STANDARDS OF PERFECTION|
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Early in the development of this fascinating hybrid, florists began to specify the qualities of the perfect plant even to defining the proportions of the parts of an individual flower (usually called a pip). These parts or zones of an edged auricula pip from the outside working inward are called the edge(coloured green, grey or white), ground(usually black or very dark red), paste(pure white) and tube(of a rich golden colour).
A long time has past since Maddock, Hudson and Glenny defined their standards for the perfect auricula.
Unfortunately they did not explain why these standards were chosen.
Who knows how the old florists would have defined their ideal auricula given the benefits our current knowledge and technology?
Would they have tried to improve the standards of perfection or rest on thier laurels?
In an attempt to explore the aesthetics (both beauty and perception) of this intriguing plant and to increase our understanding of what really constitutes perfection some thoughts are given an airing. The aim is not to discredit the status quo but to determine the principles on which the standards are based and apply these rules to further the development of our favourite flower.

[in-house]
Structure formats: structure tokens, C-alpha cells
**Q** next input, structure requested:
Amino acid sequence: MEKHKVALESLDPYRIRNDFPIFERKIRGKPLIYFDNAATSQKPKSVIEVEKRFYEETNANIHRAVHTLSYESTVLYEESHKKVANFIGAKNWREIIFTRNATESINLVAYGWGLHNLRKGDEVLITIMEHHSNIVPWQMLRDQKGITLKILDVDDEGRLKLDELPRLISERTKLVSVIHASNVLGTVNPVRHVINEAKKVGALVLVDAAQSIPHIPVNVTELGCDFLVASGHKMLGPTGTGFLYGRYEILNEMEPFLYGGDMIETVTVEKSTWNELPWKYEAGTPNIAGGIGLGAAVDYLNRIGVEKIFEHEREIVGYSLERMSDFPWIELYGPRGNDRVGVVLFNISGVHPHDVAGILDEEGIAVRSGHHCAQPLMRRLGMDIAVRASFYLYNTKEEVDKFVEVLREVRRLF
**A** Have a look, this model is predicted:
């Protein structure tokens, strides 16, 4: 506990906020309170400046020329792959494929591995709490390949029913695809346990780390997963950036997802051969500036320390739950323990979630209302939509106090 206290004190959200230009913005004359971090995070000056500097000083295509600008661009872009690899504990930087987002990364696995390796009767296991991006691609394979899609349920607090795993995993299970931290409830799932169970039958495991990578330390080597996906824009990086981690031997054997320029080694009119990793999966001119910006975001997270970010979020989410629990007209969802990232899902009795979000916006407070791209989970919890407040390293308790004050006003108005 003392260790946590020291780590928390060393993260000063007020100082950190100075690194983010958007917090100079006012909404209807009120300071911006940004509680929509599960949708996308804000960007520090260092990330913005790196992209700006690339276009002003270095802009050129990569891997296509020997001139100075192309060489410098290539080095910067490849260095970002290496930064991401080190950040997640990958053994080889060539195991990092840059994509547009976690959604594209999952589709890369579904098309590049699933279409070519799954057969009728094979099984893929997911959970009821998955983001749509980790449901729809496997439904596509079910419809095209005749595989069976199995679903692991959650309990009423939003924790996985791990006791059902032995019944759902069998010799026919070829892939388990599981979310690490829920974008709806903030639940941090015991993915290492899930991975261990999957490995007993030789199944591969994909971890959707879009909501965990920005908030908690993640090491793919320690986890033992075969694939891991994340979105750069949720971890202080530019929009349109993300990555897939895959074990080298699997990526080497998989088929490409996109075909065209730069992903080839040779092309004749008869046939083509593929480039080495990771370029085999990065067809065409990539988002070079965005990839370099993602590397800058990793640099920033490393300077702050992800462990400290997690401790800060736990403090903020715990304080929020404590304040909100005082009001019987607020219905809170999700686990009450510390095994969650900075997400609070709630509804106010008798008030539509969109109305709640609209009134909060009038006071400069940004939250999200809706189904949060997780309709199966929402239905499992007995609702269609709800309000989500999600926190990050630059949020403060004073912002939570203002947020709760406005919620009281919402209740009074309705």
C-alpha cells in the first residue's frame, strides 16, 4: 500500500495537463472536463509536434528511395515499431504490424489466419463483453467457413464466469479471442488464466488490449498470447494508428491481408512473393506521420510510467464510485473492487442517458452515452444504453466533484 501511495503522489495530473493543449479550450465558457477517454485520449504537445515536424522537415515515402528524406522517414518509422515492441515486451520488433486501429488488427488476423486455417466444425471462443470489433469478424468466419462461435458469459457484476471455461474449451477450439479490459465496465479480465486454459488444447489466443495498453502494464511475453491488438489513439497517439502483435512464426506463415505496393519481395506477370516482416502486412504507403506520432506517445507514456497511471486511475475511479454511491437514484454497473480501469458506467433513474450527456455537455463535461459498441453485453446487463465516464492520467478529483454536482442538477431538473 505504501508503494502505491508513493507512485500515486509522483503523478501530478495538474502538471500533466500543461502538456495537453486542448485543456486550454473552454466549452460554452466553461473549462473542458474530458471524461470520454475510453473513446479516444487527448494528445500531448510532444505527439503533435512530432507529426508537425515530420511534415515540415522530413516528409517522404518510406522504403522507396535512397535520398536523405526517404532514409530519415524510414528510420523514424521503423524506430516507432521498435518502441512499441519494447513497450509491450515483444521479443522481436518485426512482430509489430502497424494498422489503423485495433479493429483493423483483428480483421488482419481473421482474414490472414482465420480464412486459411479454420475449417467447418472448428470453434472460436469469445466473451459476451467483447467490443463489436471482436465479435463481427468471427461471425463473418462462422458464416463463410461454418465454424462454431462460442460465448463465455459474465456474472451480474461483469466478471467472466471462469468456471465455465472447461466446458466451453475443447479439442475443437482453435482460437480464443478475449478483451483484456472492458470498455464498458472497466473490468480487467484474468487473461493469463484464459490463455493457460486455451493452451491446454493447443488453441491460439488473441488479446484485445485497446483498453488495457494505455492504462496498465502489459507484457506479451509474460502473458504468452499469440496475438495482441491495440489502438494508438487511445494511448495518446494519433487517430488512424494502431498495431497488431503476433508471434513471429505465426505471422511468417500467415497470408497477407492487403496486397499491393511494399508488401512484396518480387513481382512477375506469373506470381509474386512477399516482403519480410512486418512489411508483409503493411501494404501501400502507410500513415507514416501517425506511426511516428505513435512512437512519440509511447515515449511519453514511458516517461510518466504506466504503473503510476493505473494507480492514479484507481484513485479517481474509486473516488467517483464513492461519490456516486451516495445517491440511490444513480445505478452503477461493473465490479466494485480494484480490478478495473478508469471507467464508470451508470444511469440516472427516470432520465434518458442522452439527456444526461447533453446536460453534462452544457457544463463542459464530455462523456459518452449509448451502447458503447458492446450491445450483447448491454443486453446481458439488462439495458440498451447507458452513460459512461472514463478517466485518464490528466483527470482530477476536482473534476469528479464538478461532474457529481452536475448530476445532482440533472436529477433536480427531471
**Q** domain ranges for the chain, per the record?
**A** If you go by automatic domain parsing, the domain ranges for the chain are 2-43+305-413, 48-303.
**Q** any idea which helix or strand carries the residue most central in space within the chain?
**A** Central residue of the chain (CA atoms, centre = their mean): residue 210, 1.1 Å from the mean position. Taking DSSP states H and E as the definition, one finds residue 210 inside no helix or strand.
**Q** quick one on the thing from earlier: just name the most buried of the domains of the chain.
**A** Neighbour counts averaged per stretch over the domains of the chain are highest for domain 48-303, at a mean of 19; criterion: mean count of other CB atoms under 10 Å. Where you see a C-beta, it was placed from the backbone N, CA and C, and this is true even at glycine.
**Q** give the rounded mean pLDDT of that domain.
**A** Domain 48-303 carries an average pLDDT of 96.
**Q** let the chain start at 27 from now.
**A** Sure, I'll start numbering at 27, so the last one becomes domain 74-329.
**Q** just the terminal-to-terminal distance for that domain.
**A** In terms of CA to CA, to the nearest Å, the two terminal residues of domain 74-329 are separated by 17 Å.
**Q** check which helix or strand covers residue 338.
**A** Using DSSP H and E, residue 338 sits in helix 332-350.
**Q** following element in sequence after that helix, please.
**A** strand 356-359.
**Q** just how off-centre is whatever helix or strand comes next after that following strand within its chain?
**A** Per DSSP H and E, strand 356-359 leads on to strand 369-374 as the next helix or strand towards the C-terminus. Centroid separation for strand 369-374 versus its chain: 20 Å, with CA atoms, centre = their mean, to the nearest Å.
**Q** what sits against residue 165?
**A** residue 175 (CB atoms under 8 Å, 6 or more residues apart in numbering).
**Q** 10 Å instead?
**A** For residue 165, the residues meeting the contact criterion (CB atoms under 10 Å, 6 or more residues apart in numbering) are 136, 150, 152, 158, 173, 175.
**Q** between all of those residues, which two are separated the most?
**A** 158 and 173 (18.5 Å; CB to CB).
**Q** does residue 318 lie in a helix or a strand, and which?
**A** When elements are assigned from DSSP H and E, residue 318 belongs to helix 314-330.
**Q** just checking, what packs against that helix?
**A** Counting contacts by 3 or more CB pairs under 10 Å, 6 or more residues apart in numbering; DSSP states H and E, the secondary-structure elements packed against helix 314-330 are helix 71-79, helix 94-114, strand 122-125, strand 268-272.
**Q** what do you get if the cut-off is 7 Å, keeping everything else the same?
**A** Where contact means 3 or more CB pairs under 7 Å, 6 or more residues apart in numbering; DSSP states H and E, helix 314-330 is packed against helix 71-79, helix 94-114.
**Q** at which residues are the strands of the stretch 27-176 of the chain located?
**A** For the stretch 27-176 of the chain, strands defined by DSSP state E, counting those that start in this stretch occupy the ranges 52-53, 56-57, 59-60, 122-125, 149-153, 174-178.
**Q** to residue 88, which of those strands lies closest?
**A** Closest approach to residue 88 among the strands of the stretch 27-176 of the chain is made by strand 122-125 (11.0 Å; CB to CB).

Standards of Perfection based on Continuous Proportions.
"Rigidly Defined Areas of Uncertainty"
Evaluate various Standards of Perfection by Counting Proportions.
Standards of Perfection using Euclidean Distances.
"The Plot Thickens"
Photographs of auriculas can be found in the Auricula Gallery.
"Mirror mirror on the wall
What is the fairest flower of all?"
"The impossible takes a little bit longer."
|David Tarver||"Auricula History", |
National Auricula and Primula Society (Midland and West Section)
Society Guides No. 5 , 14-16